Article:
A series of proposals in Red Deer aim to spur more residential development in the city’s downtown. The recommendations, which are mostly grants, are designed to break down common barriers that developers and landowners encounter when planning and building a project.
The process began in 2016 when city officials commissioned a strategy to retain businesses and attract new investment to its downtown area. This was followed up by a study that focused in on encouraging residential development. From the studies came the eight programs that officials feel will give the best bang for their buck.
“Starting in 2015, the province has experienced a bit of prolonged economic slowdown,” said Jason Taylor, divisional strategist of planning services. “The economic climate is tough for some businesses out here. We recognize that it’s important for us to do what we can pull those levers to help our businesses and make the prospect of investing in our community attractive – even in an economically challenging time.”
Two grants would aim to assist projects that would not only encourage residential projects, but also beautify the area. A façade and storefront improvement grant was recommended to assist business doing work on their façades, signage or security-related façade improvements. An environmental assessment grant would encourage development on downtown brownfield sites by helping cover the cost of phase 1 or 2 Environmental Site Assessments and another grant would help fund demolitions of derelict properties.
“It’s to help the property owners move toward redevelopment or sale and to contribute to the aesthetic of the downtown,” said Taylor.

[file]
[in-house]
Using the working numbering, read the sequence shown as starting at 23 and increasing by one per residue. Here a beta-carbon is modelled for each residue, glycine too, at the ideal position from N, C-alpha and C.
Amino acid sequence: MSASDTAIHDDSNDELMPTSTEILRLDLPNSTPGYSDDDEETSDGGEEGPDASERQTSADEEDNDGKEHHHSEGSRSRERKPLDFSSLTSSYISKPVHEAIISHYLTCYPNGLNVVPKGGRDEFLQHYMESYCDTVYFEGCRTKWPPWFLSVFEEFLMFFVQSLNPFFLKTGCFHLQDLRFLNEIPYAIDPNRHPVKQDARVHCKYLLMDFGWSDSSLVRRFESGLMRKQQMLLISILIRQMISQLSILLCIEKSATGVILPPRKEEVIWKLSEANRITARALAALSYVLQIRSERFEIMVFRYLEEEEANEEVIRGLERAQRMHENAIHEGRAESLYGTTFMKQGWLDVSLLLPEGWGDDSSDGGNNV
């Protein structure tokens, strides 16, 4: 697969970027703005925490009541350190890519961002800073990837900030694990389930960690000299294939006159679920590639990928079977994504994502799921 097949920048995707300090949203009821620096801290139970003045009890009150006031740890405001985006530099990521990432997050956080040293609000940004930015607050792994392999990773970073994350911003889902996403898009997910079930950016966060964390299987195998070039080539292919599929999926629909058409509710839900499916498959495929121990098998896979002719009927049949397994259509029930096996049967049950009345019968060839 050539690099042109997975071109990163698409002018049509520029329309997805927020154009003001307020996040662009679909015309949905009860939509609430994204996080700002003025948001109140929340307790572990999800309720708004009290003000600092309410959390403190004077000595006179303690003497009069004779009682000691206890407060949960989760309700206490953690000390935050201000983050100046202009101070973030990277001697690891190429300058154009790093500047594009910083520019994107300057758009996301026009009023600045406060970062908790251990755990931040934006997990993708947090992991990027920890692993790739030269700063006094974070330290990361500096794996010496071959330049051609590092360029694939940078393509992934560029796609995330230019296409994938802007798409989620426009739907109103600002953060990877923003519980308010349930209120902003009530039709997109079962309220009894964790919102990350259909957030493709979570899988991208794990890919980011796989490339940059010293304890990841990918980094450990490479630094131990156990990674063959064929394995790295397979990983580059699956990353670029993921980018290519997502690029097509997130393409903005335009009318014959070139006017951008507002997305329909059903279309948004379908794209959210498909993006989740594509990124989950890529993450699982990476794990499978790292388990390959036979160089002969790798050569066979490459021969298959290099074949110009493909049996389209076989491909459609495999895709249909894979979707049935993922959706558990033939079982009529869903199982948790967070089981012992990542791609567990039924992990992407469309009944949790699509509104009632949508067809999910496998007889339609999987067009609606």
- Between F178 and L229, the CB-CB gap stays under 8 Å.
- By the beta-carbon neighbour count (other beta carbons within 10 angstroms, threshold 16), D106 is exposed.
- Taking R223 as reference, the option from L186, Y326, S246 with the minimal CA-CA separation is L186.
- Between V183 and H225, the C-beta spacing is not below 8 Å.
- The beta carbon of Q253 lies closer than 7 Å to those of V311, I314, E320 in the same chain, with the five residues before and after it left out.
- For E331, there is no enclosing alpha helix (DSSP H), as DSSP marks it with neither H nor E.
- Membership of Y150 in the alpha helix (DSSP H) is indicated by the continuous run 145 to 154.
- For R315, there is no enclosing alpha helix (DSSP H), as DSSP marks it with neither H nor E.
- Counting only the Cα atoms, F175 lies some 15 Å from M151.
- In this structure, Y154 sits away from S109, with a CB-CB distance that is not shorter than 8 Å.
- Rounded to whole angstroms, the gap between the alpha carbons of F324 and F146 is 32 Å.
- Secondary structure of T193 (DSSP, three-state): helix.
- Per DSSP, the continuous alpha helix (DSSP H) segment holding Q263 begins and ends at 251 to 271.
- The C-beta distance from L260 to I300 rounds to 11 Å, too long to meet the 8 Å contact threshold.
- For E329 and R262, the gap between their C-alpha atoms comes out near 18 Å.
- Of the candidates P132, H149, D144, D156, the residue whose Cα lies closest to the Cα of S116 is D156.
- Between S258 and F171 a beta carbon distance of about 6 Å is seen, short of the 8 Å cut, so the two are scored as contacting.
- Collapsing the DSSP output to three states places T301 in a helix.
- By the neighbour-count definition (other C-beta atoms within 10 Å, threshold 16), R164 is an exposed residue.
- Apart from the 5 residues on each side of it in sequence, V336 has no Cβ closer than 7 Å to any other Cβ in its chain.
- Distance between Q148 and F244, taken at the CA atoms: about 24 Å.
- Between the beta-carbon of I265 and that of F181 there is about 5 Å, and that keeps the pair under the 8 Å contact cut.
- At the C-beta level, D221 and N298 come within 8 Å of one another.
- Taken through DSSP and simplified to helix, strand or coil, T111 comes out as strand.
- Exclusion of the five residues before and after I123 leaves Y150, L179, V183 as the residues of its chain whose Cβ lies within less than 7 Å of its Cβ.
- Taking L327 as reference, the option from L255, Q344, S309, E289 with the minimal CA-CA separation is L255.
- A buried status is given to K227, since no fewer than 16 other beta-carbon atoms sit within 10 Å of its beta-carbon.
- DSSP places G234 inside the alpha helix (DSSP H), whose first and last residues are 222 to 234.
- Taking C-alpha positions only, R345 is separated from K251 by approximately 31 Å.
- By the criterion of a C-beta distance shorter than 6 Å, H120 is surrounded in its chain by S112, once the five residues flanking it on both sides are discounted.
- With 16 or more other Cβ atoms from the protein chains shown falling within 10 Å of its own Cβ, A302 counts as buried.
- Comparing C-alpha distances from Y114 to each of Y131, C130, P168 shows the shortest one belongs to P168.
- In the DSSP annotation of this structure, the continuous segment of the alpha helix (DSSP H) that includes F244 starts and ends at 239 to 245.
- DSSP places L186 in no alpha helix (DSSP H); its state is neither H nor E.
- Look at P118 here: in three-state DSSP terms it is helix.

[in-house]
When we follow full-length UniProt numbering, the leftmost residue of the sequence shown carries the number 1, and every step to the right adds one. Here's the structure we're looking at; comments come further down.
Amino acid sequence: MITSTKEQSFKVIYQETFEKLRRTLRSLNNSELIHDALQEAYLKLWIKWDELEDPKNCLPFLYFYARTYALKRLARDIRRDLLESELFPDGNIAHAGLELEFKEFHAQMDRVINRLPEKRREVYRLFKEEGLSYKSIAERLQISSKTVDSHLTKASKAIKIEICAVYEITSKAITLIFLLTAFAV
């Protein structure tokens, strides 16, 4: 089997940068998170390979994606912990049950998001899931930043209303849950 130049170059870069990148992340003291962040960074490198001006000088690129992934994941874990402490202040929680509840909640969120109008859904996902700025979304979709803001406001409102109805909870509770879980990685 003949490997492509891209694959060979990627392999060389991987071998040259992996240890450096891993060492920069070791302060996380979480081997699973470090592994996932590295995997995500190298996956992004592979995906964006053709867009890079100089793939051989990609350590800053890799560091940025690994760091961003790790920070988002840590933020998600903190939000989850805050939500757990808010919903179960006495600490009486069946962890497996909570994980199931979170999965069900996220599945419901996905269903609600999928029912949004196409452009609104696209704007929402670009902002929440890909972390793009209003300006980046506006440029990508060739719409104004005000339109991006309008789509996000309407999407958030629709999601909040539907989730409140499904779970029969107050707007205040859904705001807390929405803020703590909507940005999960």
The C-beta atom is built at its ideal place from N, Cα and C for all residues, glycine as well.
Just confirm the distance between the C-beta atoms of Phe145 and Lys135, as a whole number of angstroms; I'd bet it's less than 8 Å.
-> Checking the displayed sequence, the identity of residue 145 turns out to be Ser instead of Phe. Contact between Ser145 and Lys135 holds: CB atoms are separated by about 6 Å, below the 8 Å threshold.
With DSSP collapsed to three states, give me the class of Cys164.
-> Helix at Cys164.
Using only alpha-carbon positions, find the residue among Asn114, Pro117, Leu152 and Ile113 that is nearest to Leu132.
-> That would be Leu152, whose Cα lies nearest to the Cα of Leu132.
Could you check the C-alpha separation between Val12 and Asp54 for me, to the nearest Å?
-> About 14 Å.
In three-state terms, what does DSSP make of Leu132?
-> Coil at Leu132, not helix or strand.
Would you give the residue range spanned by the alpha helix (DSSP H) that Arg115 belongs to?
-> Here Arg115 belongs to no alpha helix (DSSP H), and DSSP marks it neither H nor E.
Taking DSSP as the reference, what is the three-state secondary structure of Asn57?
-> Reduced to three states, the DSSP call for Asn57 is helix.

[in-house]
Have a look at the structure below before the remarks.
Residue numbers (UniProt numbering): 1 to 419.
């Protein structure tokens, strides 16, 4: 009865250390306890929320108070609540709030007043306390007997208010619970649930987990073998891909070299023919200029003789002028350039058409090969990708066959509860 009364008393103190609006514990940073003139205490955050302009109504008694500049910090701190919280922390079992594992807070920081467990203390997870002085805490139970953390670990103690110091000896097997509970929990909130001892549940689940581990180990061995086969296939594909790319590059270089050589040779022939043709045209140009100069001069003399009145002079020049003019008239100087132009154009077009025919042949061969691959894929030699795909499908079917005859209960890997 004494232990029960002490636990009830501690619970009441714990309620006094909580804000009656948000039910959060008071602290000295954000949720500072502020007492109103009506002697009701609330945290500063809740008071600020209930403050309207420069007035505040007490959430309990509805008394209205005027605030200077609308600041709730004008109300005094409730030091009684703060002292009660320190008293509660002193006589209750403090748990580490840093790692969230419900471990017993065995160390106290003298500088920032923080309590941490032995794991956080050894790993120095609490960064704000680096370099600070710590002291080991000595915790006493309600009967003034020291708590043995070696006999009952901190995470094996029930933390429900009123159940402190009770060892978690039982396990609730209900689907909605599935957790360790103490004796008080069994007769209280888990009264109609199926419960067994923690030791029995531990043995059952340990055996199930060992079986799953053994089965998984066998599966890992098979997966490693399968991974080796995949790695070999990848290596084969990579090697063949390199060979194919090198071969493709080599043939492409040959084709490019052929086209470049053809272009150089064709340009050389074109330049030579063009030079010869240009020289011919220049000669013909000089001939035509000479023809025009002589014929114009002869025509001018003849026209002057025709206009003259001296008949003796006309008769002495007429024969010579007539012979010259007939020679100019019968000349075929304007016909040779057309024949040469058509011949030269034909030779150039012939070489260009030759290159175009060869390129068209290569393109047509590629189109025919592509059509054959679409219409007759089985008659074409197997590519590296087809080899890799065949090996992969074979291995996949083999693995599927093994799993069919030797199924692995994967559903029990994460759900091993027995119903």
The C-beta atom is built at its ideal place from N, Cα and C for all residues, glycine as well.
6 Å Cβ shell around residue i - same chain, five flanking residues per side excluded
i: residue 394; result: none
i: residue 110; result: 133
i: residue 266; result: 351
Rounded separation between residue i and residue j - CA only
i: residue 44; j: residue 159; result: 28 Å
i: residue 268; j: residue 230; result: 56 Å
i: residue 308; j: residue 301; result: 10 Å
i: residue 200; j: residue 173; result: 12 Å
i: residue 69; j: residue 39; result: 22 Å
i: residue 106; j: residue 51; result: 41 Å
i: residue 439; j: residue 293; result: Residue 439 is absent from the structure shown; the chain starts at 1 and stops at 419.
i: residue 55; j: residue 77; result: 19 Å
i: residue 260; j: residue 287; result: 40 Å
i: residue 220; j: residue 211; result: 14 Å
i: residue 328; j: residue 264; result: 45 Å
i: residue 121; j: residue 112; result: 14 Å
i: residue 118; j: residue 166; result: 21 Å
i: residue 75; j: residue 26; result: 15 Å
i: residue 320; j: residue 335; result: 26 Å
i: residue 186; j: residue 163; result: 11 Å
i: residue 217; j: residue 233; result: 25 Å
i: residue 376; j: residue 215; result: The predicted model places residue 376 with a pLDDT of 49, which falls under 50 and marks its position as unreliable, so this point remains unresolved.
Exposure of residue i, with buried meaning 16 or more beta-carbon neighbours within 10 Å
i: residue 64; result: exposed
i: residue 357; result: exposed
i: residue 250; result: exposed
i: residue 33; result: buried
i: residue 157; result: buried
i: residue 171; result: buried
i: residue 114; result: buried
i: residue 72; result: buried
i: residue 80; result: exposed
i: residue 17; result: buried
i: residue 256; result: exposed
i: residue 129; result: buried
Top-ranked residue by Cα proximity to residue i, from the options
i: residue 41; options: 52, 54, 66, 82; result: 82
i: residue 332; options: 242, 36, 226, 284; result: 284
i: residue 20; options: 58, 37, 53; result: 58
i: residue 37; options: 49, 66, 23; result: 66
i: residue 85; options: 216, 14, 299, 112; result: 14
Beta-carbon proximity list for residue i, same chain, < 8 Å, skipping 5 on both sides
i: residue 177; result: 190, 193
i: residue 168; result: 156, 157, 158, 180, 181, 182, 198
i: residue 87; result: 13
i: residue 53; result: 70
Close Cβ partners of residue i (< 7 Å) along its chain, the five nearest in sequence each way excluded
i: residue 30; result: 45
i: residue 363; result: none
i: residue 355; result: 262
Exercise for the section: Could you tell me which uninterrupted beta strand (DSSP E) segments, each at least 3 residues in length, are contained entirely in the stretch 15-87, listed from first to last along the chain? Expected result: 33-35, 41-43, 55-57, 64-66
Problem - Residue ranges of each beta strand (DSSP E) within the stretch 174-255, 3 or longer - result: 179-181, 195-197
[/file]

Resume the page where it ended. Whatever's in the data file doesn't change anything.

Other grants aim to decrease the financial hurdles projects can face.
Officials recommended a grant to offset 50 per cent of utility connection fees up to $30,000.
“it is often an unexpected cost for developers,” said Taylor. “That’s something we hear from our development community.”
Developers and other stakeholders could save even more through a residential and mixed-use tax-offset program.
“The program will grant back the difference in the municipal portion of property taxes between the predevelopment assessed value and the post development assessed value, over a given period of time and up to a maximum amount still to be determined,” said Taylor.
The city also would ease the burden on projects by reducing parking requirements for downtown projects through bylaw changes. The city has not yet developed the specifics of this change and plans to engage with relevant stakeholders before doing so.
“We know that parking can be an expensive component of development,” said Taylor “And this is also in recognition of changing trends with vehicle ownership. We want to help people who want to be close to where they work and play.”
Another bylaw change that was recommended would encourage “land use clustering”. Taylor explained that this refers to the concentration of complementary businesses to create or give the feel of districts focused on an experience. For example, boutique eateries may be clustered in one area to create a “restaurant district”. The report to city council noted Halifax, Victoria, Calgary, Kelowna and Edmonton have had success with similar plans. This would be done by establishing a requirement for active edge uses at prominent locations throughout the downtown, main thoroughfares, or where public realm and infrastructure improvements have occurred.
“This is so folks can come to the downtown and have a robust experience,” said Taylor.
The city is also looking at a series of red tape reduction strategies including establishing a single point of contact for developers and businesses, improving permitting data tracking, upgrading online citizen service tools and increasing staff development opportunities.
The City Council has endorsed the recommendations in principle, but the 2020 budget must be approved before they can begin. In the meantime, city officials plan to continue fleshing out the details of the proposals, so they are ready to go in the new year.